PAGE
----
Pepper Diseases

There aren’t a ton of pepper diseases that will plague you, which is fortunate.  However, the two main diseases can pretty much decimate your plants if not controlled.

Pepper Diseases

Let’s take a quick look at the two most common ailments that can effect your pepper plants (bell, sweet and hot), and how best to avoid them.

Nematodes:  Plants are dwarfed, sickly, and will sometimes wilt readily in dry weather. Roots showing swelling or galls, and can let in bacteria. This is actually caused by a tiny worm, and if you get rid of the nematodes, you will remove the problem. 

These tiny worms infiltrate the root system, crippling and even killing the plant.  Since nematodes are most prevalent in sandy soil (common in the southeastern US), you’ll need to take extra care if you live in this area. 

If you find your plants are plagued by a nematode infestation, you have three options:

  1. Move your garden to a different site in your yard, which may or may not be nematode-free.
  2. Solarize the soil (see below) then plant marigolds (which nematoes dislike intensely).
  3. Create raised beds for your garden, raised by at least 6 inches.  You’ll need to dig out an area at least a foot deep and at least two feed wide.  Then you’ll need to fill it back in with compost, composted manure, sphagnum moss, etc.  Do not use any of the soil you dug out to re-fill the trenches.
  4. Plant your peppers in containers.  Since pepper plants tend to remain under 3 feet tall (one notable exception being jalepenos), they are pretty well-suited for container growing.  In fact, since I live in a nematode area, I grow all my peppers in containers.

Solarizing:  To solarize the soil, till the ground, then cover it with a thick, clear plastic. The sun will “bake” the soil, killing the nematodes. Since you also kill all the “good” bacteria by this method, so be sure to spread some compost over the solarized soil a week or two before planting.

(Although nematodes are technically an insect, since their effect is systemic, I’ve included them in the diseases section.)

Tobacco Mosaic Virus: Green or yellow mottling of leaves; some curling, malformation, and dwarfing of leaflets. Plants slightly stunted. Fruits mottled by yellow strains of the virus. Can be passed from plant to plant by handling wet plants that are infected, then handling healthy plants (for example, when examining fruits on a damp morning.) This disease is widespread throughout the USA.

It’s thought that handling tobacco can transfer the virus to pepper plants.  Some people say no, some say definitely.  At any rate, if you do smoke or otherwise handle tobacco, it would be wise to wash your hands thoroughly before working with your peppers.

Other Notes on Pepper Diseases

Like their (far-flung) relatives the tomatoes, peppers can fall prey to bacterial infections.  Fortunately, most peppers (in my experience) have been less-susceptible than tomatoes.  Still, you want to make sure you have plenty of air circulation around the pepper plants, and that you don’t water the foliage (except with a foliar spray early in the morning before the dew has dried).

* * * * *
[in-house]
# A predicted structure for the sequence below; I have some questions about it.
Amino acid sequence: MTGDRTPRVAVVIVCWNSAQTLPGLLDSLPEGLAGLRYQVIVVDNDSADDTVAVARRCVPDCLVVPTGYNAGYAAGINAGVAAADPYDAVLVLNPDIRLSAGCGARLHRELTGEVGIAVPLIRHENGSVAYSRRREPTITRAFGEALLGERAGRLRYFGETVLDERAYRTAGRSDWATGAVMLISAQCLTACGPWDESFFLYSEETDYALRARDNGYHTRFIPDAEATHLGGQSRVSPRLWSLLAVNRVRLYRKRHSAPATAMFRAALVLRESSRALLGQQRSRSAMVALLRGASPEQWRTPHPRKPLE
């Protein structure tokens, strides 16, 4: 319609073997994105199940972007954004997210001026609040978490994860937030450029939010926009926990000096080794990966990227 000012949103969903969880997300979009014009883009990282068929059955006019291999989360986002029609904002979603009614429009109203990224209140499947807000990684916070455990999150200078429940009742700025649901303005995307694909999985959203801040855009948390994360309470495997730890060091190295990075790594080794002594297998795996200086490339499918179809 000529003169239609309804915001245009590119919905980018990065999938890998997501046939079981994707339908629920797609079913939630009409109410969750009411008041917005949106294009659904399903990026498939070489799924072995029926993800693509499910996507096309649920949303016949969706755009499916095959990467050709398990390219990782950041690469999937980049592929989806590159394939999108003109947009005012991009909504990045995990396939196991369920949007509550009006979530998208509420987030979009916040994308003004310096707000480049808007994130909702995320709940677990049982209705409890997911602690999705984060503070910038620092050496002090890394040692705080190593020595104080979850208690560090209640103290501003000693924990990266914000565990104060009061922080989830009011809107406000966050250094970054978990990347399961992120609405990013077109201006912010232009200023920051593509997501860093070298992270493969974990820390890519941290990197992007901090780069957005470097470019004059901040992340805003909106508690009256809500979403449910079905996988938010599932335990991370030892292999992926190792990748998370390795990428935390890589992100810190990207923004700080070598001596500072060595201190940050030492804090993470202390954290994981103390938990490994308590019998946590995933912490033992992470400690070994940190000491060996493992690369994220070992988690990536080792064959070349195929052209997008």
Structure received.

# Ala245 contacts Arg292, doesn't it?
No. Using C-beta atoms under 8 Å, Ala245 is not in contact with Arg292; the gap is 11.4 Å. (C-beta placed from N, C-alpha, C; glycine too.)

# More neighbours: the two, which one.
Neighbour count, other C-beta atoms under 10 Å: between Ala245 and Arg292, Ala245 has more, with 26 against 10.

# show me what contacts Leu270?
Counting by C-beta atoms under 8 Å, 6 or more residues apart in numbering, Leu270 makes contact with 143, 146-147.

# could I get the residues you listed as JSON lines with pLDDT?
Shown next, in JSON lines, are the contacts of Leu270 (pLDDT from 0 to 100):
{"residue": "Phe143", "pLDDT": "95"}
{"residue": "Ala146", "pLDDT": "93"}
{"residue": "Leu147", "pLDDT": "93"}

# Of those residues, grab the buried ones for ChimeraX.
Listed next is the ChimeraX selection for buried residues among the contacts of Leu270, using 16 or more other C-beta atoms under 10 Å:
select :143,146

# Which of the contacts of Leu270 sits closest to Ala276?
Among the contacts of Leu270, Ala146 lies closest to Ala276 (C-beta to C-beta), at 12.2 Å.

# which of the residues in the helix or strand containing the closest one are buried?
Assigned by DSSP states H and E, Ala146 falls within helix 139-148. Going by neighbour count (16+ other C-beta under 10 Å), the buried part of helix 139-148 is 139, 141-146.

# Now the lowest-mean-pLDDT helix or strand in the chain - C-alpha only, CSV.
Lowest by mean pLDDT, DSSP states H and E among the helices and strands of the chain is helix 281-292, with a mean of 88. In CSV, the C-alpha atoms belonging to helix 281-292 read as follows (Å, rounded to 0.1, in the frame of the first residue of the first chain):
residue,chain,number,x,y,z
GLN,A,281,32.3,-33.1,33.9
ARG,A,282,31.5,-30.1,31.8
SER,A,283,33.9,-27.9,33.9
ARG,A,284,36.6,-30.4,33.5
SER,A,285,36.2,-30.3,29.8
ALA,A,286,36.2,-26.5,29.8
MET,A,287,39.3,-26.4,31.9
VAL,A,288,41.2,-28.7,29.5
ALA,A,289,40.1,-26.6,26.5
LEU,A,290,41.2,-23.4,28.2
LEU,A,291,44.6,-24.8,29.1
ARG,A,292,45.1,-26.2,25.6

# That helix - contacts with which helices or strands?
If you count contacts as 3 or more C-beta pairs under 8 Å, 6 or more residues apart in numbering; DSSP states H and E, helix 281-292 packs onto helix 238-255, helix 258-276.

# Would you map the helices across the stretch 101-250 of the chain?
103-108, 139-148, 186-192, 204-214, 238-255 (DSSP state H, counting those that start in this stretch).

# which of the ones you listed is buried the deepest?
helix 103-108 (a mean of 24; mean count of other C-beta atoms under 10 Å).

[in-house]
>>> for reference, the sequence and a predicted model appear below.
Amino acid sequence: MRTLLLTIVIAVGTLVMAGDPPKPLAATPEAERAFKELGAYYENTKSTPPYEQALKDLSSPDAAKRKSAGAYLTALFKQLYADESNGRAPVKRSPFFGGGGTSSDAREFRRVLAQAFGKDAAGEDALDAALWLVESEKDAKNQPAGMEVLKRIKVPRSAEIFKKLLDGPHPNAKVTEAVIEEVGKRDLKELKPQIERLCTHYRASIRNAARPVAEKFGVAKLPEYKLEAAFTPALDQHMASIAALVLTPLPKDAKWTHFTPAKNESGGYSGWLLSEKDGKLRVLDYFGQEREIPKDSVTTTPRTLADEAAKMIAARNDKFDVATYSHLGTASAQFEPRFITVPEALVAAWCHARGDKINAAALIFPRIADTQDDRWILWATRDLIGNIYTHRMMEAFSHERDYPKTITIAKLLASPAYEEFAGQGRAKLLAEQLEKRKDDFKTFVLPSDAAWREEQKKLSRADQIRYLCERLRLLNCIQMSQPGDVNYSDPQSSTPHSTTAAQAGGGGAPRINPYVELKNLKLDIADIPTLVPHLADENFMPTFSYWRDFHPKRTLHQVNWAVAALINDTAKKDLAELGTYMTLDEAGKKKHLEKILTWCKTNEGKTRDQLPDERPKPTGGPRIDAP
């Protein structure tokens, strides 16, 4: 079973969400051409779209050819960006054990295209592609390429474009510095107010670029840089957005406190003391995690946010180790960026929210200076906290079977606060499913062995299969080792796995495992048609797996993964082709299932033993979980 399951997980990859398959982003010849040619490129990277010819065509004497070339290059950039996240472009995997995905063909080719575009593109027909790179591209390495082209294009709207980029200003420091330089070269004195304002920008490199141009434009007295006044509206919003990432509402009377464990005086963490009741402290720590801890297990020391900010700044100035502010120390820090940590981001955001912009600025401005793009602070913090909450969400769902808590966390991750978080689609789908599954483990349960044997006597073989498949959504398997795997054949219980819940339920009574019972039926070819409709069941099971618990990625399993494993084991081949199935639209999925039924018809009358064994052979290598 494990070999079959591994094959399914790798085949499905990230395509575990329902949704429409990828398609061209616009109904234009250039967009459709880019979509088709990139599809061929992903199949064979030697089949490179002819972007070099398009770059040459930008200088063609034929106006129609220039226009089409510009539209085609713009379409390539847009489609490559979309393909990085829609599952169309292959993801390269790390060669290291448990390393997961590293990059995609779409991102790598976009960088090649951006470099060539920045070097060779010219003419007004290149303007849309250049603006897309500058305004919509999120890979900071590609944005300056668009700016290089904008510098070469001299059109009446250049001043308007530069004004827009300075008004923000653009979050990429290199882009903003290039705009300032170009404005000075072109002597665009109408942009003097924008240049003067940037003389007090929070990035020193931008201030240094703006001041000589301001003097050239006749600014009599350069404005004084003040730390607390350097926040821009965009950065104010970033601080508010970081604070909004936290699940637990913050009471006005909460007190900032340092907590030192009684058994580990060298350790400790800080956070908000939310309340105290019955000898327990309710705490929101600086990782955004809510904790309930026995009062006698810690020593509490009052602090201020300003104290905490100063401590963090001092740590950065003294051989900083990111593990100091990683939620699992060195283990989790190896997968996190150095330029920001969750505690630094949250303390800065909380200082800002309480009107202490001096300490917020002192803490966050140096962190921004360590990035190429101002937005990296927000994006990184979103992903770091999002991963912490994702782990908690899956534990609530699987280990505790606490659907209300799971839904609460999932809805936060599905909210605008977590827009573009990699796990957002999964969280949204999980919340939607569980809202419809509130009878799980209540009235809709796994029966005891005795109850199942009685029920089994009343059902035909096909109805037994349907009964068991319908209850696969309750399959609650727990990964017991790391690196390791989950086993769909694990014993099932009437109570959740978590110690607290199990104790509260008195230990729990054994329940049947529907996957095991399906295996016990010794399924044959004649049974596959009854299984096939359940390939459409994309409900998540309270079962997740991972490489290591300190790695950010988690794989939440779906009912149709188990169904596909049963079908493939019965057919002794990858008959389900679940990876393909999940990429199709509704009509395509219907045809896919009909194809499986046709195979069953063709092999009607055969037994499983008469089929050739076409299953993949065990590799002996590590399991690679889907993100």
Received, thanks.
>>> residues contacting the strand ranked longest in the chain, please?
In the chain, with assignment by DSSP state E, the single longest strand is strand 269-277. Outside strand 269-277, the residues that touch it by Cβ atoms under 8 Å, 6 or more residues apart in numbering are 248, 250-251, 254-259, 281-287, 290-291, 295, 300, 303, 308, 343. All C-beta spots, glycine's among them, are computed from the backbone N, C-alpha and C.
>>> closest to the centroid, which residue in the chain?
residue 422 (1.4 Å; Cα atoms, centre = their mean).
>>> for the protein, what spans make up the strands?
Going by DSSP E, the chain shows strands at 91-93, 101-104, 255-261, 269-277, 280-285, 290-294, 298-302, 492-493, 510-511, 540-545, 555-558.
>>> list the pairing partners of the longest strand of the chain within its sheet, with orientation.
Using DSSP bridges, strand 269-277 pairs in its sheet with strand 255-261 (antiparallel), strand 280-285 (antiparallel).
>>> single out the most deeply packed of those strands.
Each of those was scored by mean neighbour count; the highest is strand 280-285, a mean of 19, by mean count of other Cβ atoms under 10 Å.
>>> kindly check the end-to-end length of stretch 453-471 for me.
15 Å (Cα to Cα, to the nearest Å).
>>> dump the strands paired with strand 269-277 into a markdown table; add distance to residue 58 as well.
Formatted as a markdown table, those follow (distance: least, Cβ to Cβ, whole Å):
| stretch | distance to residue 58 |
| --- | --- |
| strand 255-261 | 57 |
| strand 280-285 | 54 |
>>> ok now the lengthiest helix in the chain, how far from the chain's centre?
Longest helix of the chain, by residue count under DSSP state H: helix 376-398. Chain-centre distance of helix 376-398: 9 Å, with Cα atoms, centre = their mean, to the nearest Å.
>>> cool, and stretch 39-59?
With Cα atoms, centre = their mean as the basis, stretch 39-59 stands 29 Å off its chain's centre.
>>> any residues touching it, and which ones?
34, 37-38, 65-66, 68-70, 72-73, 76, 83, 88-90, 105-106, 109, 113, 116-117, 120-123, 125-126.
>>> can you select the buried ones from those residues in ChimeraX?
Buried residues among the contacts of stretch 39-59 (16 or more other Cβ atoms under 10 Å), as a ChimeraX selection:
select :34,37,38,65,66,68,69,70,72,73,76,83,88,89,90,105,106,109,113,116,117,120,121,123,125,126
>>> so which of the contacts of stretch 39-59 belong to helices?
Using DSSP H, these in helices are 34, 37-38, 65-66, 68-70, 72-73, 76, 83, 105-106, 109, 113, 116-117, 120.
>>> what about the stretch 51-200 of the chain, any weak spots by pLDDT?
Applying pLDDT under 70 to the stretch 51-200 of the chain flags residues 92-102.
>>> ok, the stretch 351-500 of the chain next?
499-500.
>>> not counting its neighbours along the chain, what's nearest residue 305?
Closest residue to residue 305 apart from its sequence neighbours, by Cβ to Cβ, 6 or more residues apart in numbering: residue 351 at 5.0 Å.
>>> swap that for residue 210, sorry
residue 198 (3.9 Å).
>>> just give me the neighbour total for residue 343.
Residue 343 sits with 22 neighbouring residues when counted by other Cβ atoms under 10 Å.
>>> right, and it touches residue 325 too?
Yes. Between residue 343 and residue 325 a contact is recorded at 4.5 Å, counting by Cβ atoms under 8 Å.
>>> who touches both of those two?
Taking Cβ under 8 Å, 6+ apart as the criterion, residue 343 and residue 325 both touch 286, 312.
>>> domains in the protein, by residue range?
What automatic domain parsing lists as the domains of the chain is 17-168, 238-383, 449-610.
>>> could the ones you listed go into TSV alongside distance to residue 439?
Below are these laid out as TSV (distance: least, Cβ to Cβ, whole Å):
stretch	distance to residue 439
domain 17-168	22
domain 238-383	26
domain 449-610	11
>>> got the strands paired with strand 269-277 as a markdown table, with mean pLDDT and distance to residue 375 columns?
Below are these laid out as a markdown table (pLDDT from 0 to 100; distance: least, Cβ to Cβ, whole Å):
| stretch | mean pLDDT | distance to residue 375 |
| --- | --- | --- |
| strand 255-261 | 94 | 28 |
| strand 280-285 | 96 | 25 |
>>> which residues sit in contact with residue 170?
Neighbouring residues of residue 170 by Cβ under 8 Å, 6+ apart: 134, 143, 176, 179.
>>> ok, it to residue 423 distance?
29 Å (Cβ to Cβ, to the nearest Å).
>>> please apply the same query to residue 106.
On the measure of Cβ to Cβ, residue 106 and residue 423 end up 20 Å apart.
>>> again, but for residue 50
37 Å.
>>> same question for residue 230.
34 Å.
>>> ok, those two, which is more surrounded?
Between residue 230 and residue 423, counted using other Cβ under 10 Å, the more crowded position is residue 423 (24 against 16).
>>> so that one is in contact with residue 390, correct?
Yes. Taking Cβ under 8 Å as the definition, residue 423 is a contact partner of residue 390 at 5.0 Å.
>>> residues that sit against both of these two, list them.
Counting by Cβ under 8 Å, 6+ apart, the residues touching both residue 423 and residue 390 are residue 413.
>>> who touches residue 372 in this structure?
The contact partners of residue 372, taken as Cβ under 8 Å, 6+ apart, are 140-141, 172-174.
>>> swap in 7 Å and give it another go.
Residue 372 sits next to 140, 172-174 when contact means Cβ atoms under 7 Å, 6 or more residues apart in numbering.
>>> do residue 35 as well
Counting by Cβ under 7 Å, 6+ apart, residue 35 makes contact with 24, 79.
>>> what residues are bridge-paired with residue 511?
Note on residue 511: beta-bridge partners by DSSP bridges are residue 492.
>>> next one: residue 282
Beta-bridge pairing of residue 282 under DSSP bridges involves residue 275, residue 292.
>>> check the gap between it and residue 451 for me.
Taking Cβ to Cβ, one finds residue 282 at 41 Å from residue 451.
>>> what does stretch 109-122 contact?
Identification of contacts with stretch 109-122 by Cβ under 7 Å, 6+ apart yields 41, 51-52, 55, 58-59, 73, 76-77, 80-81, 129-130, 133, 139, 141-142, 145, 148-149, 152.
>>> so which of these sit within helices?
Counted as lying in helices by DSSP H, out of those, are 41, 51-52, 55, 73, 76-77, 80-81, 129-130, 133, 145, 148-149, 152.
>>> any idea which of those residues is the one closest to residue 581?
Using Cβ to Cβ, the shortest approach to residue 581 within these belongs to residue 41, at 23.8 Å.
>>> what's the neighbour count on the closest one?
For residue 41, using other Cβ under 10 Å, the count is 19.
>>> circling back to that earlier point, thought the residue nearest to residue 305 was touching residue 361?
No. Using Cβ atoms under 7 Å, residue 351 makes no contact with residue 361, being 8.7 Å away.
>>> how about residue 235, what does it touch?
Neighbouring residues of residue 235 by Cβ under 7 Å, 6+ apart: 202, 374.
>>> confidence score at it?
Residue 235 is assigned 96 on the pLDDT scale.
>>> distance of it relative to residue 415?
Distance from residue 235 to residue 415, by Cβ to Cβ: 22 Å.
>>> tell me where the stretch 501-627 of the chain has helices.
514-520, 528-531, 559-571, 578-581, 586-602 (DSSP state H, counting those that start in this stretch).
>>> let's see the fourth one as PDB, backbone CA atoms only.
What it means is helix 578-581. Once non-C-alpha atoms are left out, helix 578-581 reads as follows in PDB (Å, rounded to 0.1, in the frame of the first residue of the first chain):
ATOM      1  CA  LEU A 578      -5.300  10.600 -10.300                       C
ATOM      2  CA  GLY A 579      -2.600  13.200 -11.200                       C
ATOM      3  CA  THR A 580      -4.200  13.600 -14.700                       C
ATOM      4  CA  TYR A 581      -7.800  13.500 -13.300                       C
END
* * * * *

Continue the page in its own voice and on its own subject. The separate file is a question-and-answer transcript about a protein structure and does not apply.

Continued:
6 Responses to Pepper Diseases

  • NewOrleansHoney says:

    my hot and bell peppers were beautiful. Its very hot here in N.O.LA.everyone was raving about how beautiful they were. and within this last week they look horrible. I found tiny bright white cateroillers(?) crawling on some. and I see little gold or light tah spots on lots of their leaves. Now I see aphids on underside of leaves.The little sopts are not leaf miners (I know what they look like). Seriously ? what could ruin a crop in a week?HELP ME PLEASE. should I just throw them away and start from seeds again?They are all in containers (about100 )Thank you for whatever help ya’ll can be.

  • Gail says:

    Hi Honey,

    Ouch! That’s hard, to get all those peppers struck all the sudden — it sounds like you have a severe insect infestation. Here are some ideas.

    I probably would get rid of a lot of the pepper plants, and just keep the ones that look the best. And for those plants, you’ll need to wash the leaves and stems thoroughly with a lightly soapy solution — get a plant soap if you have any good garden centers around that have it. Them, once you have the plants washed and wiped clean, sprinkle them with diatomaceous earth, which helps to keep insects at a minimum.

    You’ll need to give the plants lots of air circulation, so make sure there is plemty of space around each plant.

    One place I like for organic pest control (and organic fertilizer) is Gardens Alive! which has a great selection. You might want to check them out.

    Best wishes, and I hope you can save some of your pepper plants!


  • Claude bumpers says:

    can jalapeno peppers be pickled/canned with vinegar only?

  • Gail says:

    Hi Claude,

    I imagine so, but I wouldn’t suggest it, unless you planned to eat them or use the peppered vinegar quickly. Even though vinegar is very acidic, it can still go bad unless you use standard sterilization techniques.

    But soaking jalapenos in vinegar for a week or two would make for a tasty vinegar! 🙂


  • Richard Nelson says:

    bell peppers have brown areas that develop early after the fruit forms. Also, the plants wilt during the day. As the fruit gets larger the area affected also gets larger, sometimes covering a third of the fruit.

  • Gail says:

    Hi Richard,

    Wilting during the day is a sign that the plants are not getting enough water. And not getting enough water can stress the plants, which means that they are more susecptible to other things (molds, bacteria, etc.).

    Some peppers naturally have some brown areas, but bells aren’t one of them. My guess is that much of it may stem from not having enough water.

    Remember — when plants are fruiting, they use up more of their resources (water, fertilizer, etc.)

    Best wishes!